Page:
"In that offense last year," Franklin said, "to be able to make the plays that they made with just possession receivers, how much better can that offense be with some explosive guys?"

“He has a major point to prove — major,” Gibson said. “He didn't get a chance to play (his senior year) in high school, but adversity builds character, so he’s going to do just fine.”

Gibson dropped Cooper off at Mizzou on Saturday. Sometime this year, the NCAA is expected to approve a one-time transfer rule, which would make Cooper eligible for the 2021 season. If so, after a long wait, his support system back home expects big things.

“He’s got a chance in the next eight to 10 months to rewrite his story,” Britt said. “And it'll be at home with the home team.”

D-line coach leaving

The football team’s staff shakeup continues with another departure from the defensive side. Defensive line coach Brick Haley is not expected to return after spending the last four years at MU, PowerMizzou.com first reported Wednesday. MU officials declined to confirm any official staff changes. Haley was not available for comment. Haley first joined the staff under former coach Barry Odom after the 2016 season and was one of three defensive staffers retained when Drinkwitz replaced Odom last year. Haley had two more seasons left on his contract, which was amended last January and extended through Feb. 28, 2023. His base salary was $625,000. Earlier this month, defensive coordinator Ryan Walters left the Mizzou staff for the same position at Illinois.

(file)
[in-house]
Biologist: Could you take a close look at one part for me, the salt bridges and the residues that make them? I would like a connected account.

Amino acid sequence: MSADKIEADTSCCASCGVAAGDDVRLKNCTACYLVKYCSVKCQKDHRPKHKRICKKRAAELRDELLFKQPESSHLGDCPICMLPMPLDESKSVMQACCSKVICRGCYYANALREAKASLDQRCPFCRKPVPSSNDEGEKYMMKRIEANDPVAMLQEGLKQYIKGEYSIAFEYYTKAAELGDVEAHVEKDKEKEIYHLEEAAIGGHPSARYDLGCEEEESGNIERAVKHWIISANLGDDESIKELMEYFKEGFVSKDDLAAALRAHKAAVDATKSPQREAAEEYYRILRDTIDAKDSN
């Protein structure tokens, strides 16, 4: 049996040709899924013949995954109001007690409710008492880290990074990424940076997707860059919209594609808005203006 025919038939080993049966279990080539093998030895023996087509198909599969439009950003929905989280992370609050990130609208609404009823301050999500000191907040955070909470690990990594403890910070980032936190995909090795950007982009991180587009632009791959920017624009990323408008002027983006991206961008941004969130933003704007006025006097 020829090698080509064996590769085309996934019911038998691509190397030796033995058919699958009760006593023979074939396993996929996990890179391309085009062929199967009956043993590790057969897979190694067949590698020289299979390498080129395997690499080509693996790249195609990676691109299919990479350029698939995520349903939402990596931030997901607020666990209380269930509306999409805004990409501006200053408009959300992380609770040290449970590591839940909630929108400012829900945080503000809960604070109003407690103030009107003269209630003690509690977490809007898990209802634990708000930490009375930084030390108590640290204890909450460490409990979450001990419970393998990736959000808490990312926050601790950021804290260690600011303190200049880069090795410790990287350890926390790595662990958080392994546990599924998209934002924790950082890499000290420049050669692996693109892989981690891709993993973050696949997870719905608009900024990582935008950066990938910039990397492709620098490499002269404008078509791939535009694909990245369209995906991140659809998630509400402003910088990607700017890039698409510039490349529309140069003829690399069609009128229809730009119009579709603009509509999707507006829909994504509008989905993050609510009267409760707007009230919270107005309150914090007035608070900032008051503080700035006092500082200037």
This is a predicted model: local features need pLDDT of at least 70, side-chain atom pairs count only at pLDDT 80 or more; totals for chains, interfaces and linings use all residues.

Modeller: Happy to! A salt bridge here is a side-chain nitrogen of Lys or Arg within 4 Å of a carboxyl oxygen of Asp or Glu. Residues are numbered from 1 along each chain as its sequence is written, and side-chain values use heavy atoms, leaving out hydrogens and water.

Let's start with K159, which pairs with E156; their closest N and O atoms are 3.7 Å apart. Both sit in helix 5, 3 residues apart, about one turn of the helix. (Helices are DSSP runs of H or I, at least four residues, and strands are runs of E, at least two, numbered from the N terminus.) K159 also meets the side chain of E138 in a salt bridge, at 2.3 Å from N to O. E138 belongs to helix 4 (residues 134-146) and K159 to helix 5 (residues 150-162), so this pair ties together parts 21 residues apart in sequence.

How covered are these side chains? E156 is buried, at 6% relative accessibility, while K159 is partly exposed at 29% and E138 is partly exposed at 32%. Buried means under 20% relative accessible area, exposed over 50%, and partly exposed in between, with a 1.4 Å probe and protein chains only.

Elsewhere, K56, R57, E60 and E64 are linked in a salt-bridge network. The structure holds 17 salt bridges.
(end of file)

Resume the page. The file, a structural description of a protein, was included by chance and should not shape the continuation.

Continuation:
2022 receiver commits

Mizzou picked up a fourth verbal commitment for the 2022 recruiting class and a second player from the Kansas City area. Wide receiver Mekhi Miller from Overland Park, Kansas, and Blue Valley North High School announced his pledge on Twitter. Miller is rated the No. 3 player in the state of Kansas and No. 44 overall receiver in the 2022 class by Rivals.com.